As for their rules for living, their "Sacred Principles" and so forth, that's for you to evaluate. Would someone who lives by these principles lead a good life? Help others? Be happy?
The CoR may be a religion, at least by its own definition, but it is at least a thoroughly rational one. However, I would be curious as to whether conventional religions regard it as a religion at all.
Abortion has very little to do with natural selection. It's a form of artificial selection, if anything.
If all foetuses should be preserved simply because one of them might be the next Einstein, so should all sperm, and that's impossible. Even if a man never wears a condom and never withdraws, ten sperm or fewer out of tens of millions ejaculated will make it in (assuming you can't do better than decaplets). Even in a man who never has sex, the sperm he generates will die in his crotch and be replaced. Any one of them could be the next Einstein.
Same goes for eggs; every month a woman isn't pregnant, another little Albert goes down the tubes into the tampon.
We are just not capable of harnessing the potential of every potential human we create, voluntarily or otherwise. We produce masses of spare eggs and sperm so that when we really do want to procreate and raise a child properly, the ingredients will always be available.
Richard Dawkins' site has links to a great many debates between atheists and apologists, and not just the ones the atheist clearly wins either.
Apart from that, I recommend searching YouTube for "debate" and the names of famous atheists and/or apologists. May I suggest Richard Dawkins, Sam Harris, Christopher Hitchens, Michael Shermer and Daniel Dennett on one side, and Dinesh D'Souza, William Lane Craig and Alister McGrath on the other. I won't comment on the relative abilities of these folks, but they've each been in a lot of debates.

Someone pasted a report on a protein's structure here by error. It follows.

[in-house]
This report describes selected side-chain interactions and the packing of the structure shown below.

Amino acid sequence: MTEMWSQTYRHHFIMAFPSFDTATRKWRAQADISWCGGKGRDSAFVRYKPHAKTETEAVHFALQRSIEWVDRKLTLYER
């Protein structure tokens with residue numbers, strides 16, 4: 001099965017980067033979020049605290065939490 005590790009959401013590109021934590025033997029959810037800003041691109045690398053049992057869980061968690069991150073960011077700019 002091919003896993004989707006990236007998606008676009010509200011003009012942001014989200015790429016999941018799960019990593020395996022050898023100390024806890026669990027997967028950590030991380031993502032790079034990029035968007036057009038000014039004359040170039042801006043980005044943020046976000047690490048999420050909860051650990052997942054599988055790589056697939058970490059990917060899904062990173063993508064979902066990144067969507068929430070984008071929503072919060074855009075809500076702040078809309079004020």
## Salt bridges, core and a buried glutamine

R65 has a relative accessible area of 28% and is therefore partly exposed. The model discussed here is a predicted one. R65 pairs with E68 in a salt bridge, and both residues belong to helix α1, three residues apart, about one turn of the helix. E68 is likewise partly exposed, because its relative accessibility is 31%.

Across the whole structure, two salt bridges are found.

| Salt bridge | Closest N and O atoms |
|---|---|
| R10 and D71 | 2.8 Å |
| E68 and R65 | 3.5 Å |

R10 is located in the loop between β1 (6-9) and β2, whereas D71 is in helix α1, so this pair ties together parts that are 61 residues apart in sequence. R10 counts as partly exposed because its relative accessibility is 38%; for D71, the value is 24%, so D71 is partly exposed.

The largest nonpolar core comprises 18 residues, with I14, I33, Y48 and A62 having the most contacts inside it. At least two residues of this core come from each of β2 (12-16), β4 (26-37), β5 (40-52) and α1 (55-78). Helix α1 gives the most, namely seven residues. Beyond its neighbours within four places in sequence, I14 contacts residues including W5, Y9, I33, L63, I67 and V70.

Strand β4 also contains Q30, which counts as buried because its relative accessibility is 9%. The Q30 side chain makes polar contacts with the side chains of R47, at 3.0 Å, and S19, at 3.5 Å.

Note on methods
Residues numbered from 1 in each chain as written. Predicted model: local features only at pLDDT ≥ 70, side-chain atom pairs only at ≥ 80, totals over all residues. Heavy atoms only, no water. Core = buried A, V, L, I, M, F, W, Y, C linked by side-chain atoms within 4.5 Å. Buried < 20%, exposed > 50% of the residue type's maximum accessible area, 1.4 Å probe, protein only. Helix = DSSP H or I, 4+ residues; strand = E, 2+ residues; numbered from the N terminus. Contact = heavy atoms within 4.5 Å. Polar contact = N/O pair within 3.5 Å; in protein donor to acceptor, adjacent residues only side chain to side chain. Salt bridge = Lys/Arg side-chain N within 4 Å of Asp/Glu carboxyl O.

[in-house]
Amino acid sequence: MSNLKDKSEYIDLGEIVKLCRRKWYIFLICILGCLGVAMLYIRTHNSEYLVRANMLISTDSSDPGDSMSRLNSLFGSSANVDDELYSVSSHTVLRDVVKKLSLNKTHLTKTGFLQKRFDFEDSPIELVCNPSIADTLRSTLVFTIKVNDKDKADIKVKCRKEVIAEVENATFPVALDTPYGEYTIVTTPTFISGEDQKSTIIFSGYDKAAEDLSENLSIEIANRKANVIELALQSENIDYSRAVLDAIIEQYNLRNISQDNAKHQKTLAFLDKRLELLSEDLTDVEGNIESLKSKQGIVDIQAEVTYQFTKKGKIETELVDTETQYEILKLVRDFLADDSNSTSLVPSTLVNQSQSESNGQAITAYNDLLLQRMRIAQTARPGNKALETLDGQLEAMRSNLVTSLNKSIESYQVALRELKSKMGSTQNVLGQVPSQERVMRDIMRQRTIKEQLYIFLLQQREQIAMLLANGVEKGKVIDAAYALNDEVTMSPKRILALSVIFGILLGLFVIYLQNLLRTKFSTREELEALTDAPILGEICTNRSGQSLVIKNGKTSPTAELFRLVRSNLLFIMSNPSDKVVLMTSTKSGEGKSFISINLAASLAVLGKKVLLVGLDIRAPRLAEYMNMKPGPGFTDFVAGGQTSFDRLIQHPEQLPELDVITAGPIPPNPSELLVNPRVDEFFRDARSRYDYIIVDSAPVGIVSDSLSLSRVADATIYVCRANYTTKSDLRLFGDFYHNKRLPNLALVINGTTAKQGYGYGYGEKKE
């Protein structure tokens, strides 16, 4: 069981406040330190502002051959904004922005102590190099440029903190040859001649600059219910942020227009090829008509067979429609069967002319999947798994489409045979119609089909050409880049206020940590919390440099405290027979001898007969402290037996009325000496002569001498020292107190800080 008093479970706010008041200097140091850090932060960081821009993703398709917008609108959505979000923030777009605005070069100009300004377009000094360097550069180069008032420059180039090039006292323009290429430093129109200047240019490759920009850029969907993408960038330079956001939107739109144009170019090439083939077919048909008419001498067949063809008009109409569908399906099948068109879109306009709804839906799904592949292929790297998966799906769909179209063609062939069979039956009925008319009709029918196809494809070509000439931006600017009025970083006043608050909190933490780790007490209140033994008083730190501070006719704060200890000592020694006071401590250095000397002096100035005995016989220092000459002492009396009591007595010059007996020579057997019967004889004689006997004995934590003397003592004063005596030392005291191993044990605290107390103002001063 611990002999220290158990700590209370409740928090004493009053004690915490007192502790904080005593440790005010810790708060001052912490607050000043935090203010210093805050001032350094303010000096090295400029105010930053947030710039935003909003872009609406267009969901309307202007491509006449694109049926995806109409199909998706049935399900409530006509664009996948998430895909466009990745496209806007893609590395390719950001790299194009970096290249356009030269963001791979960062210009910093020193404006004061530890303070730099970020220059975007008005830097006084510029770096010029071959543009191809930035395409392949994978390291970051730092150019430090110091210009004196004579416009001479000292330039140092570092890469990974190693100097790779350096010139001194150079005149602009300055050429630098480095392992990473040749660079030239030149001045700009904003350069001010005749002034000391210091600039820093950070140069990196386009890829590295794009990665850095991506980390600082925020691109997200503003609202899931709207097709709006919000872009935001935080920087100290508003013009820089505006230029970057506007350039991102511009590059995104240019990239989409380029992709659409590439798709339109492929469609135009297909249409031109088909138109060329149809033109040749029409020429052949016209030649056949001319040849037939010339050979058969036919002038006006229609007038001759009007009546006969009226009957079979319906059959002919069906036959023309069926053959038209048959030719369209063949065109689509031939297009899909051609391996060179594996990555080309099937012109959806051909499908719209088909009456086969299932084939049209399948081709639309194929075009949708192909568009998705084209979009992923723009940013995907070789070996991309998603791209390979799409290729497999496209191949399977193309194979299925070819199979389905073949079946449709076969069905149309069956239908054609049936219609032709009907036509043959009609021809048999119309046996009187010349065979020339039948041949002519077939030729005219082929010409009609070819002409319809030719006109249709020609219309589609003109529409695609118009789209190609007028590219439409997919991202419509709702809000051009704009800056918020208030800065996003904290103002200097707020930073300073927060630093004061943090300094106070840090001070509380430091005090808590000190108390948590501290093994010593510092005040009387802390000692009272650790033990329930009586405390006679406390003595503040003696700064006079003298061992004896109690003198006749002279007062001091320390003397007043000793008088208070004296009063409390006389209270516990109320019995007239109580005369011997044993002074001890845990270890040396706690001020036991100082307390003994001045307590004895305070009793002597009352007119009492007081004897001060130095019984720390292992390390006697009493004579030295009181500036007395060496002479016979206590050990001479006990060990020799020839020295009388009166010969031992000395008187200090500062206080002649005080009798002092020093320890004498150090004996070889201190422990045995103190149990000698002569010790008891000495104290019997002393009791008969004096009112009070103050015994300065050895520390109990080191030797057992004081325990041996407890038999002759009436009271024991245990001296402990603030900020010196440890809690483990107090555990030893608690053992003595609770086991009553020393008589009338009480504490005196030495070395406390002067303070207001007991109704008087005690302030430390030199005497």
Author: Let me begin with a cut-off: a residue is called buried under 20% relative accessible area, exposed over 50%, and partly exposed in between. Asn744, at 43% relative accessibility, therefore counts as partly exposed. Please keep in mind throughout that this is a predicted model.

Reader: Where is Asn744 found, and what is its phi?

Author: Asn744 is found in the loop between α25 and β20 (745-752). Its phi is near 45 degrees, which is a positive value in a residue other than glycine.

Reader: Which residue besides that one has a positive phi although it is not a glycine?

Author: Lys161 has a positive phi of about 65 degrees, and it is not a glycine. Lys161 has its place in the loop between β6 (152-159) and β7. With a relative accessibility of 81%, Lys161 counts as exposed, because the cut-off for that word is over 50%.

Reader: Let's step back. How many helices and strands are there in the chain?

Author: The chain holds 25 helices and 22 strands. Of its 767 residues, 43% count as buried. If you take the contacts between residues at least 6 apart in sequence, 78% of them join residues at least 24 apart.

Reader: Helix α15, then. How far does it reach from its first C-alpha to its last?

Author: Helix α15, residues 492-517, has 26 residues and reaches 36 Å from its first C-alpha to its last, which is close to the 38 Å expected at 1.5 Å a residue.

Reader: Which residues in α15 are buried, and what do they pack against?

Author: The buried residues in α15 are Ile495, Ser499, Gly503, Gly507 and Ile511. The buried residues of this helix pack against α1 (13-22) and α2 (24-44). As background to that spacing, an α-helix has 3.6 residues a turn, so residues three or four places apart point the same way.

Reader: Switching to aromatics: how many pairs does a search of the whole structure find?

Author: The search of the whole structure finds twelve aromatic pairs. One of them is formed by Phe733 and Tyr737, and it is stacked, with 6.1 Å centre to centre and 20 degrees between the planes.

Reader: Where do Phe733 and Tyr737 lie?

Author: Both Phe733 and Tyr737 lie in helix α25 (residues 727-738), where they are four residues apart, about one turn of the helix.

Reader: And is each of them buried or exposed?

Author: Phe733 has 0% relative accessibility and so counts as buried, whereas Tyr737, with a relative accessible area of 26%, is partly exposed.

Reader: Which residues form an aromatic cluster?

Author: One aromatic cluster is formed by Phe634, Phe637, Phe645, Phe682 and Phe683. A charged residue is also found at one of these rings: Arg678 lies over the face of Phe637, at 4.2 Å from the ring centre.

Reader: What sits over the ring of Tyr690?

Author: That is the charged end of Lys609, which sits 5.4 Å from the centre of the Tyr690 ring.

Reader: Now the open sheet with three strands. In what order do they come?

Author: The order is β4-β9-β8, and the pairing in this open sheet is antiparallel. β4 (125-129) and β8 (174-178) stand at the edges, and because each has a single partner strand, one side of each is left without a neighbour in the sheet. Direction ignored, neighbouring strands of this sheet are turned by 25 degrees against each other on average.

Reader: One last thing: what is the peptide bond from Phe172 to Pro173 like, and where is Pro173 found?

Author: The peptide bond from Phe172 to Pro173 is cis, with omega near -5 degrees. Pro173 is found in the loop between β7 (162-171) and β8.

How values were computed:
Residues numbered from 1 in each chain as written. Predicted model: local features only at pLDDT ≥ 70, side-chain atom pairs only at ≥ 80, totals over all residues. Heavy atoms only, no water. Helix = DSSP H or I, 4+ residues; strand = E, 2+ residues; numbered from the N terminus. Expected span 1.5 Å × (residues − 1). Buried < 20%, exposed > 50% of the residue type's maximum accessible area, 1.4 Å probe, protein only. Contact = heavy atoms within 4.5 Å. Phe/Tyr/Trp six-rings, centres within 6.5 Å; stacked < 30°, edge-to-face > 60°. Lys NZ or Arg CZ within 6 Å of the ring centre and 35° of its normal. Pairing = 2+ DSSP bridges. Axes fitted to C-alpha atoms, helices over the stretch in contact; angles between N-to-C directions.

Short answer: If there's no Rapture, we will all die in the end, and permanently. Saying so will not make the Rapture happen. We deal with it.
We might escape the solar system before the sun dies, and even if Earth-based life dies out it could start again somewhere else, but eventually the whole universe will be too hot or too cold to support life and anything remaining will die. There might be other universes (concurrent or subsequent) where new life emerges, but let's not get into that.
We live in a changing universe where life-friendly times and places are fleeting. Our chances of survival reduce towards zero the farther you look into the future. Sorry.
You have it right: since eternal life is the invention of religions, after death we will not exist, just like before we were born.
Does this frighten us? Sometimes, because it's difficult to even conceive of not existing. That's my best guess at why religions claim to offer eternal life: the alternative may be literally unthinkable, even if true.
Nevertheless we accept our mortality, and it drives us to make the most of the single, finite life we each have.
Have a nice day. I'm sure trying to.